It is for this very reason that Kulbhushan was tried according to the law of the land in a fully transparent manner and awarded death sentence as per the Constitution of Pakistan under Section 59 of Pakistan Army Act (PAA) 1952 and Section 3 of Official Secret Act of 1923.

Despite knowing India’s true intentions to prolong the matter and defame Pakistan in the process, it is beyond my understanding that why did Pakistan fall prey to this trap? The situation was clear enough for the Foreign Office to withdraw the acceptance of ICJ jurisdiction, as it was a voluntary decision made in isolation, without taking the nation into confidence. Pakistan should have simply rejected the Indian claim of taking the case to ICJ under the clause of “provisional measures”, as we did not violate any international agreement by giving a terrorist/spy what he truly deserves.

However, it should be duly noted that according to the Clause 6 of the “Agreement on Consular Access” signed in Islamabad on May 21, 2008, by the two high commissioners, Shahid Malik of Pakistan and Satyabrata Pal of India, states: “In case of arrest, detention, or sentence made on political or security grounds, each side may examine the case on its merits. Furthermore, our domestic law i.e. the Diplomatic and Consular Privileges Act of 1972 solely talks about the ‘consular right and privileges’ and is empty of any binding content purporting to provide consular access to foreign nationals arrested or detained on criminal or immigration charges.”

Thus Pakistan is not obligated to provide Kulbhushan consular access. In effect to that, Article 36 of the Vienna Convention does not create a binding obligation on a state for providing consular access to foreign nationals arrested on criminal charges. In fact, the following para of the said Convention, Article 36 (2) makes it abundantly clear that this right “shall be exercised in conformity with the laws and regulations of the receiving State”.

Therefore, Pakistan has acted within the corners of its legal ambit by not providing consular access to Jadhav. Had he been granted consular access, it would have been considered an ultra vires.

I would also like to refresh the memory of the readers when back in 2008, India held Pakistan responsible for the isolated acts of a nonstarter actor, popularly known as Ajmal Kasab. The international community then stood by India, resulting in isolation of Pakistan. We then showed character by facilitating India to catch the culprits involved in the horrific Mumbai attacks on November 2008, using our soil. For this very reason when Kasab was hanged to death on 21st November 2012, Pakistan accepted the decision without any hinge. My question to the international community or rather my concern is now when a spy has been caught red-handed, actively involved in speeding wide range terrorism, why the international community is silent?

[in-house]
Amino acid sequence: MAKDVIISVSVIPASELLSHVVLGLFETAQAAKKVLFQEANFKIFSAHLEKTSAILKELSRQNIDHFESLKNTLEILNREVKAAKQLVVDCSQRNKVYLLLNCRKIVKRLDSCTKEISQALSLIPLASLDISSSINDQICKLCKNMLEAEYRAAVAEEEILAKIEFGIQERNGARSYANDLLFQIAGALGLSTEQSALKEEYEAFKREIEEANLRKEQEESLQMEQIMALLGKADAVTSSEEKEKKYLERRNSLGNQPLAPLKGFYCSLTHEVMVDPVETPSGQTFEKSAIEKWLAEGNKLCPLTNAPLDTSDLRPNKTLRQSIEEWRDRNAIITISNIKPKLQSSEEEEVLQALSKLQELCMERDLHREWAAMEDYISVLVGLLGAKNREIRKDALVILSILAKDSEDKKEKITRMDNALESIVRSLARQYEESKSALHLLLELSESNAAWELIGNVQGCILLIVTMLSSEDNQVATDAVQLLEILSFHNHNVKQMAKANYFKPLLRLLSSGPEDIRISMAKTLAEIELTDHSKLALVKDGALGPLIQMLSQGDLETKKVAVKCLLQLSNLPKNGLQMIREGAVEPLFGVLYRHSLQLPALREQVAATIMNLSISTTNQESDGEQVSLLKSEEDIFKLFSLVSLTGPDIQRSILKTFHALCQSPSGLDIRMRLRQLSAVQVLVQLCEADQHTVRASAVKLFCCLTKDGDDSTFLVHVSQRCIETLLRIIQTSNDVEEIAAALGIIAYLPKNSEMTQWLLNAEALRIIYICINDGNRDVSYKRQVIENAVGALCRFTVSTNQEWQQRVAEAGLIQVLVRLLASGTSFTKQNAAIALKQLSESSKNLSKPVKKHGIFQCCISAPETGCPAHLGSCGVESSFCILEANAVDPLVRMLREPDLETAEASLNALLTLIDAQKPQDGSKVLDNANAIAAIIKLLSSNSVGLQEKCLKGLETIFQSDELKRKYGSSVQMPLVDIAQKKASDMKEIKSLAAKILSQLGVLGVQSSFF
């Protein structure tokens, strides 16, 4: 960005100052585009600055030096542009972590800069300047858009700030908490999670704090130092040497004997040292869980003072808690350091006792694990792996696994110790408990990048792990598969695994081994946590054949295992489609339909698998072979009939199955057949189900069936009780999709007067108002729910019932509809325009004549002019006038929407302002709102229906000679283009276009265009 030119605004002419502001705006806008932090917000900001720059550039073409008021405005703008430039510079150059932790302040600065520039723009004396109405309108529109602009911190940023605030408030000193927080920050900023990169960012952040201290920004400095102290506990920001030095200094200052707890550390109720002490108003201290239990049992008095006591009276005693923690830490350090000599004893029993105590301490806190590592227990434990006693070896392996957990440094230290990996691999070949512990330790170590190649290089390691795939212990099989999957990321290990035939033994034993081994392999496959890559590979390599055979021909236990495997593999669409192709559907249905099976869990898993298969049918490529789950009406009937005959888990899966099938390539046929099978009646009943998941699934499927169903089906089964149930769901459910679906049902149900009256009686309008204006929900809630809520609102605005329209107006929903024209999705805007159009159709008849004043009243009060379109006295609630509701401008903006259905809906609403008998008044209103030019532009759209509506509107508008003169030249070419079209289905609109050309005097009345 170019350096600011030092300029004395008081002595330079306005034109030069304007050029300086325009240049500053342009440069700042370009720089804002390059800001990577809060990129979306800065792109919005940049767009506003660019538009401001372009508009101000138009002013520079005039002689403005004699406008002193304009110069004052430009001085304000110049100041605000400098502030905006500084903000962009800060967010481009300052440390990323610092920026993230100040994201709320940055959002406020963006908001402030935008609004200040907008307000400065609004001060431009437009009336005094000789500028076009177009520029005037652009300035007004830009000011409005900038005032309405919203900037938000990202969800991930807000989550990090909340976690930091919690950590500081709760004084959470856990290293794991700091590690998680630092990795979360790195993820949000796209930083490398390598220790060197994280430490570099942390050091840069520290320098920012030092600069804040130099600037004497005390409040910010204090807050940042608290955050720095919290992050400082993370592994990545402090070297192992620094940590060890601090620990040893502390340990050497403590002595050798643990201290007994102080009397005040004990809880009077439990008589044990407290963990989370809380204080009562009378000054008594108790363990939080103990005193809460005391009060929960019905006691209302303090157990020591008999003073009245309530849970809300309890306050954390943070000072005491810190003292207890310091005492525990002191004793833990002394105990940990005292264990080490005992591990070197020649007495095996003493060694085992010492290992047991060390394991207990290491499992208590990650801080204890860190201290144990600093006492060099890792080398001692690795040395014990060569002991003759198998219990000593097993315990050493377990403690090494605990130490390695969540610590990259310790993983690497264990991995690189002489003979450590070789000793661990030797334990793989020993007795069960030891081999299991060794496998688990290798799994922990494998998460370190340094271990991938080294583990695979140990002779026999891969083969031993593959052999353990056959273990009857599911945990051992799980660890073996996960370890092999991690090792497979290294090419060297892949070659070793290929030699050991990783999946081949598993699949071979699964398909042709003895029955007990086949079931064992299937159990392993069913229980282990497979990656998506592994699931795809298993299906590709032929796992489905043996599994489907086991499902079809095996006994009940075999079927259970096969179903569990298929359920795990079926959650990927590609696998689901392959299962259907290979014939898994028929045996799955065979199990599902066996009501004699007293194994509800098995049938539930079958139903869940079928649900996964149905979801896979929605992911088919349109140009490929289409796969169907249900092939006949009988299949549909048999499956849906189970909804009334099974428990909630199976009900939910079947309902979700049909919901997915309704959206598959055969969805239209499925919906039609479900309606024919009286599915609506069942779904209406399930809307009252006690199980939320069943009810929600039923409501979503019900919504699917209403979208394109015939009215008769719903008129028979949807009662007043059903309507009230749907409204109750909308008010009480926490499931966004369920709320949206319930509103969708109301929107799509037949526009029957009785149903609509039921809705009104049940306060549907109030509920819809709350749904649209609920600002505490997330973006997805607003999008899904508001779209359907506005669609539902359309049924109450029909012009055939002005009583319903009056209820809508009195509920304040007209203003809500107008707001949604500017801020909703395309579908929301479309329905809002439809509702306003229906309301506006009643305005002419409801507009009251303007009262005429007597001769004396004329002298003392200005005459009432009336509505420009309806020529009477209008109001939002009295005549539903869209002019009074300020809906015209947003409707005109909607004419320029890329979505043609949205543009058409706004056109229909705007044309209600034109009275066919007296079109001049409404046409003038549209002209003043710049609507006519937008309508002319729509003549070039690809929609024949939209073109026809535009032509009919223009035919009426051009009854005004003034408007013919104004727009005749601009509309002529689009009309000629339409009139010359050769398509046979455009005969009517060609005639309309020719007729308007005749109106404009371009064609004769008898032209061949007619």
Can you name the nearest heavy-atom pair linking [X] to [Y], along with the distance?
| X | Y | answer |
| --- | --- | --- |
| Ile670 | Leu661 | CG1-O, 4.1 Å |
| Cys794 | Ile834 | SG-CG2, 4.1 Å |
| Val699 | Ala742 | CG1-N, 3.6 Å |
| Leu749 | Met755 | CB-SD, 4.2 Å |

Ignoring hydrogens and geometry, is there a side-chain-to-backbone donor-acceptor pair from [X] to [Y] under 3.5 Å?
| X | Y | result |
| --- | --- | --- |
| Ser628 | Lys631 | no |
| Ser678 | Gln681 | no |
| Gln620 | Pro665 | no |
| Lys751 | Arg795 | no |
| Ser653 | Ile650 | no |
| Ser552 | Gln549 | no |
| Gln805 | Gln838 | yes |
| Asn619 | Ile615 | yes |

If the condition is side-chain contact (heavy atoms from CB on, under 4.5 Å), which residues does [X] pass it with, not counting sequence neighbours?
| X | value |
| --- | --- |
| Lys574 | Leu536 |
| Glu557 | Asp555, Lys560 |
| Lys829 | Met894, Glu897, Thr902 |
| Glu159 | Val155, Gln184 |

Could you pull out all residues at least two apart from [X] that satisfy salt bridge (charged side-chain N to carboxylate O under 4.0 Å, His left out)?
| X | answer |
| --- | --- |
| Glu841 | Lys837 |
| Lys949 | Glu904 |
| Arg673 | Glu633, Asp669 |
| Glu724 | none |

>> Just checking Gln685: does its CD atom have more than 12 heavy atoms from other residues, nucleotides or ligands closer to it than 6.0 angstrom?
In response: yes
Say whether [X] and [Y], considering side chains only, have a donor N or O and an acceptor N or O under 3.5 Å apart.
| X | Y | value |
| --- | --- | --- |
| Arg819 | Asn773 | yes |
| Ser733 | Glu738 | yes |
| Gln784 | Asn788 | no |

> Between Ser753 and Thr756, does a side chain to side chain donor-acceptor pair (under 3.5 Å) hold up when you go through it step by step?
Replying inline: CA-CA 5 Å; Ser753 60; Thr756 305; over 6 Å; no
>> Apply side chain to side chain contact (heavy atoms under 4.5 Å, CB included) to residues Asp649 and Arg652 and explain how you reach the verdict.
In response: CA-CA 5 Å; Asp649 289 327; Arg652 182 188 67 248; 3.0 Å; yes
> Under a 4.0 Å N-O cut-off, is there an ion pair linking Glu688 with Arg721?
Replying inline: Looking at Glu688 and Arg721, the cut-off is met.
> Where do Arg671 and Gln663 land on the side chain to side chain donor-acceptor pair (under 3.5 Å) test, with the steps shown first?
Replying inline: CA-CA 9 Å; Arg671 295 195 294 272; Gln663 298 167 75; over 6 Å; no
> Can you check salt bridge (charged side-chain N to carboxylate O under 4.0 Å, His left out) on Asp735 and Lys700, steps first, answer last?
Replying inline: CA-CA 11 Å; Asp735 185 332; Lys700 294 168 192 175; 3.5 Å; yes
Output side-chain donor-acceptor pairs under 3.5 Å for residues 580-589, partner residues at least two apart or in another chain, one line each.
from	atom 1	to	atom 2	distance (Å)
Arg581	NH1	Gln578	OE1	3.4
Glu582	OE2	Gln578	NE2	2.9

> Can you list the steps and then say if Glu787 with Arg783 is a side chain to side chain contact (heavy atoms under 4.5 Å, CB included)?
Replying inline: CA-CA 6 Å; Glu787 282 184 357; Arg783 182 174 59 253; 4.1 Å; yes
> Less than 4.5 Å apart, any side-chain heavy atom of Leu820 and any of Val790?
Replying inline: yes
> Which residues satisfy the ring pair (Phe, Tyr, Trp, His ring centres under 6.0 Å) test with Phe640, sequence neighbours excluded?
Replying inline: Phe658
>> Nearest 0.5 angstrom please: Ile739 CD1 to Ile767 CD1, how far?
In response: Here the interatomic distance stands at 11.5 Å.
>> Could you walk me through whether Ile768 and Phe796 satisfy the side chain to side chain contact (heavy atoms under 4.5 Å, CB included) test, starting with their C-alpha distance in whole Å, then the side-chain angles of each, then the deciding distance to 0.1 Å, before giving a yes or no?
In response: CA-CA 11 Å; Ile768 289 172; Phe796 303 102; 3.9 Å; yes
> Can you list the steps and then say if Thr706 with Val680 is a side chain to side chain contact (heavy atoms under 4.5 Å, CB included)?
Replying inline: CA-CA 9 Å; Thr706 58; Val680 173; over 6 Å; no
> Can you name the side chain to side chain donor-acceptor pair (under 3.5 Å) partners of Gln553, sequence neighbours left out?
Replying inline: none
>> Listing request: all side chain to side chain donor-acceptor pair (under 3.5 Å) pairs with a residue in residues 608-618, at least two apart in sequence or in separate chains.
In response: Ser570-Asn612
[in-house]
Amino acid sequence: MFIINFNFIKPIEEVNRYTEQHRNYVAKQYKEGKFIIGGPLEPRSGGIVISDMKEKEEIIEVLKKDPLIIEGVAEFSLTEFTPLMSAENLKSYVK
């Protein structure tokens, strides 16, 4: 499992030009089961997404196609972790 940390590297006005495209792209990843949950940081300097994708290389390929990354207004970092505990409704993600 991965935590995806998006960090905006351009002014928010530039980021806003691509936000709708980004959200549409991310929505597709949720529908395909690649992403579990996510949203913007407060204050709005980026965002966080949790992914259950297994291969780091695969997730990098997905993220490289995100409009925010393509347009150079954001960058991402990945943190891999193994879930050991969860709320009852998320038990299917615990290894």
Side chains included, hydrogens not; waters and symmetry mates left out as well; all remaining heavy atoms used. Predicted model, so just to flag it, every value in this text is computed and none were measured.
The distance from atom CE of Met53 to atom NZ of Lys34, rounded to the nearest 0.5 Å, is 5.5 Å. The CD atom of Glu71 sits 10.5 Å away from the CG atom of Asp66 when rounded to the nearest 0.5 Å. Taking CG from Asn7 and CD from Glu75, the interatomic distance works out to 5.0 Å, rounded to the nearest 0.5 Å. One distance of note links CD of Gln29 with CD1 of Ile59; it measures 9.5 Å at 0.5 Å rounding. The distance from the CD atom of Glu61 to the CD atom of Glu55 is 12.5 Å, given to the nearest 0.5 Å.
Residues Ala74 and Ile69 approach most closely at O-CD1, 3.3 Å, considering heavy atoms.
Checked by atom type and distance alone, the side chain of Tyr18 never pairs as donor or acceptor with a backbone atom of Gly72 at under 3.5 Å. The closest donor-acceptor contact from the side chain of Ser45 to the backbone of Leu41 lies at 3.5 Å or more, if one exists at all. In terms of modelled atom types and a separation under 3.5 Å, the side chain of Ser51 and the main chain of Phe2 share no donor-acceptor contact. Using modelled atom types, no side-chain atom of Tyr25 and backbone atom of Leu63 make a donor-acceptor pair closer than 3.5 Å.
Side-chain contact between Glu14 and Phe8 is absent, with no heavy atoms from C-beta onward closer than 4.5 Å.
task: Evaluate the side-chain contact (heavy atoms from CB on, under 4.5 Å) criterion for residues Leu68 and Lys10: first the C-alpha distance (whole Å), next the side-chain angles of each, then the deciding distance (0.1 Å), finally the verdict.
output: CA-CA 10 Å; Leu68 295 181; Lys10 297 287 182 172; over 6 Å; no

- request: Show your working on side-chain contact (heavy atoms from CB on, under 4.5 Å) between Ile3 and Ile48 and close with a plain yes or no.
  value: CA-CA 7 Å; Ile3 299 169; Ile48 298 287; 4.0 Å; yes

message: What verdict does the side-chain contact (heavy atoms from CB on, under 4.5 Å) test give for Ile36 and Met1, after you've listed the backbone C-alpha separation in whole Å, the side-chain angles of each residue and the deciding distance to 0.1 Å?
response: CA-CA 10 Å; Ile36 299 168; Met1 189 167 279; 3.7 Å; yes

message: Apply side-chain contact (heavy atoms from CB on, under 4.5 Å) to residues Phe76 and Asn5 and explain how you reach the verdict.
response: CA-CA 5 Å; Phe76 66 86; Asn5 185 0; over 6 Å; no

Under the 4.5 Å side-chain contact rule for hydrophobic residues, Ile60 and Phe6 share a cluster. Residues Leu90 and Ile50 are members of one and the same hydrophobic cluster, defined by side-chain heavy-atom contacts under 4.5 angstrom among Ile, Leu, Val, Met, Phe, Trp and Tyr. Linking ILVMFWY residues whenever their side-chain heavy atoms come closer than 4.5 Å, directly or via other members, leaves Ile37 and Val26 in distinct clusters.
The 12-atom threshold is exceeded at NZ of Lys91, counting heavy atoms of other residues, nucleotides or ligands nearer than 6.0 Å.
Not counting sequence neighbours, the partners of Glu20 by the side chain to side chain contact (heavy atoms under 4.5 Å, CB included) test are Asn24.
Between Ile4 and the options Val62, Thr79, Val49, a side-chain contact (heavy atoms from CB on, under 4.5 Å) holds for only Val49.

While Pakistan is surrounded by international threats, the need of exhibiting a united national front now is more than ever. However, legal and administrative failures of the government resulted in the presentation of a disintegrated legal defence in front of ICJ, disharmonious position of Pakistan in front of the world.

Despite of being in a favourable position, Pakistan lost its advantage by going to the ICJ hearing unprepared. It is a huge question, to why the Foreign Office did not show confidence in the national defence team just like their counterparts, but felt more comfortable in the abilities of a Qatari lawyer, who had a limited time to go by the case. The matter of not appointing an ad hoc Pakistani judge in the ICJ panel before May 10 is again a question mark on the performance of so-called well-prepared legal team in the defence of a national matter of such supreme importance.

This is a matter of Pakistan’s integrity and sovereignty which India tried to breach by fuelling a spy for its covert operations against our country. Thus, we must appear strong and united in defence of this case on the international front. Now that the government has decided to defend this case, I hope that we will learn from the past mistakes and specifically make sure that we don’t fracture our spine, the next time we present ourselves at the ICJ.